Super Typhoon Trami | Supertaifun Trami

In French equivalents of the eye of the storm include l’oeil du cyclone (the eye of the cyclone), l’œil de la tempête (the eye of the storm) and le cœur de la tempête (the heart of the storm) [source].

The French word tempête (storm, tempest), and the English word tempest both come from the Old French tempeste (storm, tempest), from the Latin tempesta (storm, tempest), from tempestās (storm, tempest, weather, season) from tempus (time, weather), from the Proto-Indo-European *tempos (stretch) [source].

The French word temps (time, weather), comes from the same root, as does the Spanish word tiempo (time, weather), Italian word tempo (time, weather) and related words in other languages.

The expression a tempest in a teapot, meaning ‘a small event that has been exaggerated out of proportion’, dates from 1818, and is apparently the American English equivalent of the British English storm in a teacup. Before then the equivalent was a storm in a creambowl, which dates from the 1670s [source]. Other versions of this phrase include a tempest/storm in a glass of water and a storm in a wash-hand basin [source].

In French you could talk about une tempête dans un verre d’eau (a storm in a glass of water)

Spanish Cows

comme une vache espagnole

In French if you don’t speak a langauge very well, you are said to speak it “like a Spanish cow”, or “comme une vache espagnole” [source]. For example:

  • Il parle anglais comme une vache espagnole
    He speaks English like a Spanish cow
  • Elle parle français comme une vache espagnole
    She speaks French like a Spanish cow

This expression was first used in writing in the 17th century, and possibly referred to vasces, that is Gascons or Basques, rather than vaches, or cows. At the time, Basque people from Spain probably didn’t speak French very well. Or it might come from basse (servant, maid), or from the use of comme une vache as an insult. Also, calling people and things espagnole (Spanish) was also an insult at the time [source].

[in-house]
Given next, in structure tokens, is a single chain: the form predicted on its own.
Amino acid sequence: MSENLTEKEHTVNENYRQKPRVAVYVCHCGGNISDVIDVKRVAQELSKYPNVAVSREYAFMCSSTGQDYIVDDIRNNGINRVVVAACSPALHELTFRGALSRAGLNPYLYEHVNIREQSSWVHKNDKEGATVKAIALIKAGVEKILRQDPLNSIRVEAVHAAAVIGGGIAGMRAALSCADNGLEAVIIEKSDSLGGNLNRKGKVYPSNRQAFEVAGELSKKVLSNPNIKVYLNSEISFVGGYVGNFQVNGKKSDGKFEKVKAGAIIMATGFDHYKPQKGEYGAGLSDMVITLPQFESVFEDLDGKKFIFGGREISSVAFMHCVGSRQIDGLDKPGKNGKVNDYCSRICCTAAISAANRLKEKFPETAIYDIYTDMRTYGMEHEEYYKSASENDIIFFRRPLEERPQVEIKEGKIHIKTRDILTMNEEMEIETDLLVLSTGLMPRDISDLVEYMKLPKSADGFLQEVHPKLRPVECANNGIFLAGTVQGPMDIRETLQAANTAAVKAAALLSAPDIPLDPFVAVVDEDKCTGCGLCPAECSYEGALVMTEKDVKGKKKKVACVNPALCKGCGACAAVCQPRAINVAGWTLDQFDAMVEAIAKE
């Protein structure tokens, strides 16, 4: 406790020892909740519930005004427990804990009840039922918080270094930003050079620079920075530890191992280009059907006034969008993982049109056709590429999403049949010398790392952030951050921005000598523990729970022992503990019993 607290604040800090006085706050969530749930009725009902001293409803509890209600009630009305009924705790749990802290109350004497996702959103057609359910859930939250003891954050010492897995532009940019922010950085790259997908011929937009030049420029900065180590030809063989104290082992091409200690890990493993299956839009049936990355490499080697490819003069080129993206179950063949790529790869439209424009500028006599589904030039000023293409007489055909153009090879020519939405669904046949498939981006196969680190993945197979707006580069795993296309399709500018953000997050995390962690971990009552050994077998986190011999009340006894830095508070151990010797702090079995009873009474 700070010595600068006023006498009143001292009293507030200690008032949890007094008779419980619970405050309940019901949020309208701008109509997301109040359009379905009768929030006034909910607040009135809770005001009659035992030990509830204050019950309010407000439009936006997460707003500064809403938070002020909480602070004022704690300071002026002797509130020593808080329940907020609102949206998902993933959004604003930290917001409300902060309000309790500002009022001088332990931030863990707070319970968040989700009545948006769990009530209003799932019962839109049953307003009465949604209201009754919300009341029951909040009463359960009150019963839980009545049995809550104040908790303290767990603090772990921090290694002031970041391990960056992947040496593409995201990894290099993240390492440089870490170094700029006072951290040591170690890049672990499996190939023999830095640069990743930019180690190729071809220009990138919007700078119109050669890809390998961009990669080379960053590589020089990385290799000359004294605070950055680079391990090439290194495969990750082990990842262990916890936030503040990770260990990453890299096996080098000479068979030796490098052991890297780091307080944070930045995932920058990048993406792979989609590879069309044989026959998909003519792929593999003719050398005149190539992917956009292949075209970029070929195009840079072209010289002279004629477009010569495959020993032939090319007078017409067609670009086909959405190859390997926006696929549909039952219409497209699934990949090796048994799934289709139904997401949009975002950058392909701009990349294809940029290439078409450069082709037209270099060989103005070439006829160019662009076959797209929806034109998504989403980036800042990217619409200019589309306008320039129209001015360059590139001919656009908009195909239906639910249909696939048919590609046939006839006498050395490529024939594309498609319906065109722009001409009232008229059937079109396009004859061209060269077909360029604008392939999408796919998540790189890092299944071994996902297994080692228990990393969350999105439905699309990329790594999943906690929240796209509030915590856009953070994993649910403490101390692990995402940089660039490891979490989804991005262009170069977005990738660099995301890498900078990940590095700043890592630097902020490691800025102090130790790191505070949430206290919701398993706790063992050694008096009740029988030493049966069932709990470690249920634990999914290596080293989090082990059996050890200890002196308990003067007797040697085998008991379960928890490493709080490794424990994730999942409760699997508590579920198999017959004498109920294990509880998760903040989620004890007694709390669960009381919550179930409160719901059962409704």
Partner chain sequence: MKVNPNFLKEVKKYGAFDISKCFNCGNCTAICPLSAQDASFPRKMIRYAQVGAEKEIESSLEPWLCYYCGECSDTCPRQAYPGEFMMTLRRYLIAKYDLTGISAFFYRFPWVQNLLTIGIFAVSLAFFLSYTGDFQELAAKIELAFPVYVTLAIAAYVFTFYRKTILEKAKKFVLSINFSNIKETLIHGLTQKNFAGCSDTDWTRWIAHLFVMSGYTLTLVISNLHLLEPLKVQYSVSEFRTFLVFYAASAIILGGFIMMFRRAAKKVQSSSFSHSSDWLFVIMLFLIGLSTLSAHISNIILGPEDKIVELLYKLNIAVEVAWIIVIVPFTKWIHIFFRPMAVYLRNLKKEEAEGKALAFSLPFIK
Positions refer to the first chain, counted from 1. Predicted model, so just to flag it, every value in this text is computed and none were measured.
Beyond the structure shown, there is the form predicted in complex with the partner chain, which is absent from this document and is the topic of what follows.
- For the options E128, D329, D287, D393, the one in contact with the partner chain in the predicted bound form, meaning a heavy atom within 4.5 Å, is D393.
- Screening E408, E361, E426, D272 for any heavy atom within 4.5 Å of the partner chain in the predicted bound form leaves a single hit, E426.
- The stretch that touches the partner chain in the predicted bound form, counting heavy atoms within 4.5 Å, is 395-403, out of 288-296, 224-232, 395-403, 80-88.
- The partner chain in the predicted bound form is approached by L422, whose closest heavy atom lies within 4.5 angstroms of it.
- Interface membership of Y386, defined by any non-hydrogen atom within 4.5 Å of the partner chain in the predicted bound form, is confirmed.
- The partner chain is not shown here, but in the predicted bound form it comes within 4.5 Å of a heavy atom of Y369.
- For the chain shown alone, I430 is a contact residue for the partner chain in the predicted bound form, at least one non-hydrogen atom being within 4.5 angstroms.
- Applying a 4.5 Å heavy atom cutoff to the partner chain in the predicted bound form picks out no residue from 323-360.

In English you might say that someone speaks broken English or bad English, or that they butcher or murder English. Although, as the American author H. Jackson Brown Jr. says “Never make fun of someone who speaks broken English. It means they know another language” [source].

You could make up other ways to say you speak a language badly:

  • I speak Russian like a Pavlovian pig
  • I speak Czech like a Bohemian badger
  • I speak Romanian like a Ruritanian rabbit

Are there idioms in other languages to refer to people speaking them badly, or indeed well?

Here’s an audio version of this post.

In the Same Boat

All in the same boat

Over the past year, and before, we’ve often been told that we’re all “in the same boat”, at least in the UK. The intention is to suggest that we are all in a similar situation or predicament, and the expression is often used by those in positions of power, wealth and privilege.

The idea of being in the same boat meaning ‘having the same fate’ first appeared in writing in 1584 in Thomas Hudson’s translation of Du Bartas’ Historie of Judith:

haue ye paine ? so likewise paine haue we :
For in one bote we both imbarked be.
Vpon one tide, one tempest doeth vs tosse,
Your common ill, it is our common losse.

It appeared more or less in the current form in writing by Thomas Taylor, a British cleryman in 1629. He said:

He is in the same boate which is tossed and threatned with the tempest, and is someway interessed in the common cause, and quarrell.

Source: phrases.org.uk

Equivalents of this phrase in French include:

  • être logés à la même enseigne = to be lodged at the same sign
  • être dans le même bateau = to be in the same boat